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Most people on a long overdue, fun-in-the-sun island vacation wouldn't dream of shelling out perfectly good trinket money to rent a television.

But, much to my wife's chagrin, I felt the need when, on a recent trip to Barbados, I found our beachfront hotel room was without one.I had't even unpacked my swimming trunks before I heard myself arguing rather vaguely that I could get my newspaper to reimburse me for the $35 expense or - at the very least - chalk it up as a business expnse on my taxes. I thought about going without - roughing it. I waited a day. Maybe it was two. Then I broke down, hopeless addict that I am.

Don't get me wrong. I got a tan. I saw the island. I didn't rearrange our schedule around program listings. I watched mostly at night. And besides, I viewed this as a kind of TV anthropology - especially when I realized that Barbados had only one over-the-air signal, CBC (Caribbean Boradcasting Corp.).

Switching on, it was like stepping into an episode of "The Time Tunnel."

To begin with, CBC (wth the exception of weekends) broadcasts for only a few hours in the morning, starting with a five-minute "Thought for the Day" at 5:40 and, after an exercise program, moves on into CNN's "Headline News," which clicks off with the network at 10 a.m.

At 4 p.m., CBC cranks up again with "Sesame Street," a hodgepodge of syndicated and public TV shows leading into "Days of Our Lives" at 6 and the "CBC Evening News at 7," a straightforward, low-tech nightly news show that foregoes the "live-on-the-scene" fanfare for simple reportage.

Prime time brought ABC's "Roseanne," "The Wonder Years" and "MacGyver," the late "Dolly," CBS' canceled "Frank's Place" and "Cagney & Lacey," a 5-minute late newscast, a local game show on native trivia called "Bus Yuh Brain," and a mix of PBS and British television and made-for-TV movies.

All on one channel. And that's when it hit me. What would life be like with just one channel, especially for a refugee from a cable-ravaged society?

How would I live? What would I watch?

I gulped at the thought of it, but reconsidered. Maybe this kind of Robinson Crusoe living had advantages. Why not pick the best and skip the rest?

As I listened to the waves crashing outside my room, I imagined myself stranded on an island - just me and my TV. What shows would I need to survive? What programs could I live without?

I began packing my video bags.

Suppose my portable TV, which I would have taken with me on this voyage that left me shipwrecked, could pull in only one signal?

Life with one network. I shuddered. The idea of nothing but a cable network brought on a rush of monotonous ennui I knew would soon drive me into the sea.

The hard edge of a Cable News Network might make me happy to be isolated from society. And if rescue were years away, a steady diet of Lifetime would solve most of my emotional problems, only I'd be "the total woman" - not the complete man - by the time they found me.

American Movie Classics and Turner Network Television would be OK for a while, but I'm sure I'd eventually find myself reeling from all the unreality. The Disney Channel would make me loony tunes inside of a week, and if the only TV I could forage up on the island were something like the Home Shoppping Network, C-Span or the Financial News Network, I'd slip into a Rip Van Winkle dream.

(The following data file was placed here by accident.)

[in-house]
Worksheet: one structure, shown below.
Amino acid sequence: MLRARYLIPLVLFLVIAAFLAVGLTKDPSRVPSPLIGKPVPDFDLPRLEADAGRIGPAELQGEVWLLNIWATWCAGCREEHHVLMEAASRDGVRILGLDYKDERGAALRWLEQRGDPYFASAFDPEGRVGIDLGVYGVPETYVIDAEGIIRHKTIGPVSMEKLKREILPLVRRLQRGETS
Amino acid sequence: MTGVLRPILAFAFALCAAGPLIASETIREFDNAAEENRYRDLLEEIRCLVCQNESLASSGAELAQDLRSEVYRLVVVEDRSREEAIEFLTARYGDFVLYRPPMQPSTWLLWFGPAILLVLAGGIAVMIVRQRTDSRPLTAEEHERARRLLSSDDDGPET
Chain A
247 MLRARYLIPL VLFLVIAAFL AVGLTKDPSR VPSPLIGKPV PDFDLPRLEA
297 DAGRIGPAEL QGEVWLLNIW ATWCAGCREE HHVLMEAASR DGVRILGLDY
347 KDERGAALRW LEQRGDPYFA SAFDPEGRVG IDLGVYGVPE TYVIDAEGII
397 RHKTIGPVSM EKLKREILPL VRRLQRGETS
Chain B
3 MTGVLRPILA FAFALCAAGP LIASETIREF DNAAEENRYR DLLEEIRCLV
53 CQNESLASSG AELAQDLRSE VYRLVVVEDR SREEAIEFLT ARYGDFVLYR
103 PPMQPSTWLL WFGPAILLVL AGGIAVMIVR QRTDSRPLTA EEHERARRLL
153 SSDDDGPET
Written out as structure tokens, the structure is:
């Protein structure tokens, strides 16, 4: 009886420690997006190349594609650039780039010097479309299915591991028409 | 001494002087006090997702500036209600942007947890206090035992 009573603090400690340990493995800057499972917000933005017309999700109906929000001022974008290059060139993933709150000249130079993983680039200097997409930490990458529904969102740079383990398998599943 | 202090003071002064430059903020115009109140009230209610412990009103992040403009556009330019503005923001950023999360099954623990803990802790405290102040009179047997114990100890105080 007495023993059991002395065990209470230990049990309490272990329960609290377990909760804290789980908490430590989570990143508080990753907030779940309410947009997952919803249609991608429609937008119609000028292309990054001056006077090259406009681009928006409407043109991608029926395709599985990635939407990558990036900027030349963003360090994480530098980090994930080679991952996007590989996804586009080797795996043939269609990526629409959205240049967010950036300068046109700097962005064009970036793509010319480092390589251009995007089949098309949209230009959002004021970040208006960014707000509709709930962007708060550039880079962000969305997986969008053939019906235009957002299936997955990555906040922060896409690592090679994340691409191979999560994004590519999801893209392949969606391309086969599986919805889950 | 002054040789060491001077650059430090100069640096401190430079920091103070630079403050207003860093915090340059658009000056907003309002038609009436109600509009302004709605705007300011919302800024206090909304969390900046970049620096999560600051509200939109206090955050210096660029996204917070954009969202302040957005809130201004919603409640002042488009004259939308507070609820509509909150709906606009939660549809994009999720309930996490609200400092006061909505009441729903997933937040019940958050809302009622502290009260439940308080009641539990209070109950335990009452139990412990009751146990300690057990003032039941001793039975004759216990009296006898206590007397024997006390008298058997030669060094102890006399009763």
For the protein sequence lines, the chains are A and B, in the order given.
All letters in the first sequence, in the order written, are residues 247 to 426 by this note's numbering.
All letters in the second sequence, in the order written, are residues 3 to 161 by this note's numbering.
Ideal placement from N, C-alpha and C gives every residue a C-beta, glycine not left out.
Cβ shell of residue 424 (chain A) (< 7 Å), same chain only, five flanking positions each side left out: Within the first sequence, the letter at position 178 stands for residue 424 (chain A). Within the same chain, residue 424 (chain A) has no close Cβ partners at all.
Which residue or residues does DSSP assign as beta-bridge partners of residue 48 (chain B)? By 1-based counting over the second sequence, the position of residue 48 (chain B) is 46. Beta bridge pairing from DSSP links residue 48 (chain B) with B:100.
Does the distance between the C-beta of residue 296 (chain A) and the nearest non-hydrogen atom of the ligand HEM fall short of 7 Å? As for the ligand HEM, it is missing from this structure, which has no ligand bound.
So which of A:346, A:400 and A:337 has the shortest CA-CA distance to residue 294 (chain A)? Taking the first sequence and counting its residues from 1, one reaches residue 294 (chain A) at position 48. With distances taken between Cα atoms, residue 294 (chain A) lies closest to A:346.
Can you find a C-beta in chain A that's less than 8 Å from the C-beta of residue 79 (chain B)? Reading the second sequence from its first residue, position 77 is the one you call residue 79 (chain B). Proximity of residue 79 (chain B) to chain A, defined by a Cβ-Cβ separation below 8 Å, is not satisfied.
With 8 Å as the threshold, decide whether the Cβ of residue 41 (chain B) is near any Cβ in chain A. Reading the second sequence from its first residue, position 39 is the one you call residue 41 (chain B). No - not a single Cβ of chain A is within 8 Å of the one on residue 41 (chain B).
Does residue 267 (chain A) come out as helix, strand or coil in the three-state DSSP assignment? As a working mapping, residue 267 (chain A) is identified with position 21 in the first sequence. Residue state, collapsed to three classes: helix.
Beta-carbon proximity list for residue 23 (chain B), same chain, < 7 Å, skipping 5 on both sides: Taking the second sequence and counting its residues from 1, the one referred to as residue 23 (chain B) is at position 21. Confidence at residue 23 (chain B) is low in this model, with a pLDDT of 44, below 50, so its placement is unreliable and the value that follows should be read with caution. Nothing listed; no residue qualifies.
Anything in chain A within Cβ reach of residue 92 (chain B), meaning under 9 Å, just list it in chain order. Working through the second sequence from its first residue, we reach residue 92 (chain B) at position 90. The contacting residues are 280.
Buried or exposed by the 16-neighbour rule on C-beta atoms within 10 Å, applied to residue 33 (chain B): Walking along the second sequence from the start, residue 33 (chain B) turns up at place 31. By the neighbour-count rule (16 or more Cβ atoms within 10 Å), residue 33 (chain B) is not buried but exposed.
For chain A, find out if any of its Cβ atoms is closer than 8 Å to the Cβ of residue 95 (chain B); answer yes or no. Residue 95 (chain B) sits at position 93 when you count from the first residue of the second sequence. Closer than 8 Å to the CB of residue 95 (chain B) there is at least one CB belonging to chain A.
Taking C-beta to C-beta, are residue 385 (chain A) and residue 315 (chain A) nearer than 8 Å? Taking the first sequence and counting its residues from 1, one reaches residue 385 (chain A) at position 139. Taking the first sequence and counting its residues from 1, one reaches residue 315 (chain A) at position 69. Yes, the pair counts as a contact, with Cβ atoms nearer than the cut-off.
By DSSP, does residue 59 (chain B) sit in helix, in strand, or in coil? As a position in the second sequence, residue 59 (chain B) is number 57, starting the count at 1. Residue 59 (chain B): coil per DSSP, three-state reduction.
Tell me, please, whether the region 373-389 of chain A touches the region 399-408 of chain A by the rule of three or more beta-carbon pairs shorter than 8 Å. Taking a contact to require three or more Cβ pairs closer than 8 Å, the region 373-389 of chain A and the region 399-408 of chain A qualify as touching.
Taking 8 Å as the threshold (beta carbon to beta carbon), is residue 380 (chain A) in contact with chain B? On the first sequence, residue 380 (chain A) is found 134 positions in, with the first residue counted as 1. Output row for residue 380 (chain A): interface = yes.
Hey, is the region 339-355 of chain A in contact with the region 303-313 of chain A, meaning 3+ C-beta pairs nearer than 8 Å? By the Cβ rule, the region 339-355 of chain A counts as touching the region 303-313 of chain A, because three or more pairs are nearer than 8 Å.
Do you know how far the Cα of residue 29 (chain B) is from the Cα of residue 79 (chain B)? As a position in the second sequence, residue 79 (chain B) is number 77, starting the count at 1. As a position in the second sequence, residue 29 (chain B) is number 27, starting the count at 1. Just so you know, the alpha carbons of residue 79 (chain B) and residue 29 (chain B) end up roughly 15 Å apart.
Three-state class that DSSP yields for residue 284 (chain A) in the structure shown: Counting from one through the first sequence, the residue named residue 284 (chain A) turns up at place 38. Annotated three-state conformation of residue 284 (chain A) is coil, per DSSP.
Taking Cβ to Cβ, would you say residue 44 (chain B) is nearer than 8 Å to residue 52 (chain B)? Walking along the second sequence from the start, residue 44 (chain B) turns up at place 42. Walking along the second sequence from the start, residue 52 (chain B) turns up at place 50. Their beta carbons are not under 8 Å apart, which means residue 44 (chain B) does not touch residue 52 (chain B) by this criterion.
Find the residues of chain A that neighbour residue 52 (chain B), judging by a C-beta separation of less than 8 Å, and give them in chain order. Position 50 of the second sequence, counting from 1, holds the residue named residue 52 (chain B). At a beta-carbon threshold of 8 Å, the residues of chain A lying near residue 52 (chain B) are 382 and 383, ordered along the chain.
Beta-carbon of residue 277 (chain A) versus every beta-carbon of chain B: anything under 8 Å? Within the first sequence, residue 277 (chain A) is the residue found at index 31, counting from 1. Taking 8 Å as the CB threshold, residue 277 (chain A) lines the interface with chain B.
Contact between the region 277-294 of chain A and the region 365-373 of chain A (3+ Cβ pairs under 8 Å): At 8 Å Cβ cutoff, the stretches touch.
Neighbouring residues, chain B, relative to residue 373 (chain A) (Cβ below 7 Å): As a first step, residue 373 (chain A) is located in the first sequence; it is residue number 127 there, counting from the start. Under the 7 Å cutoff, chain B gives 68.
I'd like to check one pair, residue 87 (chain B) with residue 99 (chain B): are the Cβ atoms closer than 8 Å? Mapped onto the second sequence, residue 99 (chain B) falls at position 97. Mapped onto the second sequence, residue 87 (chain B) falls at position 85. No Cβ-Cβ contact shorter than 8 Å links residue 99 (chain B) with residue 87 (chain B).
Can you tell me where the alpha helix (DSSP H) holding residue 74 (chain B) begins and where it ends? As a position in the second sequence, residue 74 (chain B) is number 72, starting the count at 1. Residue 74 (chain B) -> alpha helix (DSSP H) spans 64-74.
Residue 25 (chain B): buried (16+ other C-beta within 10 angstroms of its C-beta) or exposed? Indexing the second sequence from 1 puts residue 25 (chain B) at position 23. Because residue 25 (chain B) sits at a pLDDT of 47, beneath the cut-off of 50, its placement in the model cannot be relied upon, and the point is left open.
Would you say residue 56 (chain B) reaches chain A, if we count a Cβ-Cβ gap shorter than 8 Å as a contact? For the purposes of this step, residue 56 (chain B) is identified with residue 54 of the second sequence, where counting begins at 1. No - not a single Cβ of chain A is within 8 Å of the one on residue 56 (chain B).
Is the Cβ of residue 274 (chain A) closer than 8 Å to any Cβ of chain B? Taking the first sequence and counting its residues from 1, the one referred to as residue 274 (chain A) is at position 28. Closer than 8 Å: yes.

It's possible, perhaps, that I'd find solace in music, but if I were watching MTV I'd certainly have a warped perception of reality. Twenty-four hours a day of The Comedy Channel would keep my spirits up, but I'm betting it would take on a Twilight Zone-ish, laugh-clown-laugh edge before long.

I'd rather have fate decide which Big 3 network - ABC, CBS or NBC - would be the best for a lifetime. I'd only be guessing, because just a few years ago, No. 1 NBC was the No. 3 network, and the prime-time stars being what they are, it's bound to be at the bottom of the barrel four or five years from now. These days I'd pick ABC just because I prefer Peter Jennings and the whole ABC News package and most of the prime-time programming.

Fox Broadcasting would be of little use because I'd be able to watch only three nights a week, and most of the shows would be spinoffs of one another (I don't even want to think about the havoc all those cop shows, real and imagined, would create in my brain).

So I guesss, if I had the choice, I'd have to program the network myself, which means I would have gotten off the ship with my VCR.

Then the question would be, which network or syndicated shows could I watch again and again and again?

NBC's "Cheers" came immediately to mind. Sam Malone and his "Cheers" crowd would be great company, a lot of laughs and - with the exception of Cliff and Diane - they wouldn't get on my nerves. Watching Norm suck down those brewskies might be a bit much, but I'd live.

So I wouldn't forget what business I used to be in, I'd bring along "Lou Grant." A mix of "The Mary Tyler Moore Show" and ""Murphy Brown" would be my emergency reserve.

For drama, I'd probably take along "St. Elsewhere" and "Magnum, P.I." and for escapist fare, "Dynasty."

For variety, I'd grab the best there ever was, "The Ed Sullivan Show."

I suppose I'd need at least a couple of hours a week of sports, so I'd hope to have a complete recording of ABC's coverage of the 1968 Mexico City Olympics around for inspiration (Exercise tapes, as my near-middle-age form proves, just aren't my style).

Finally, as I dozed off under the coconut trees, I'd let reruns of NBC's "Saaturday Night Live" send me blissfully out of reality's reach again.

But what if I couldnt find a power source or my set seized up with saltwater? I'd have solitude. I'd be able to think, to dream. Maybe I'd write that novel.

Or maybe I'd just go nuts.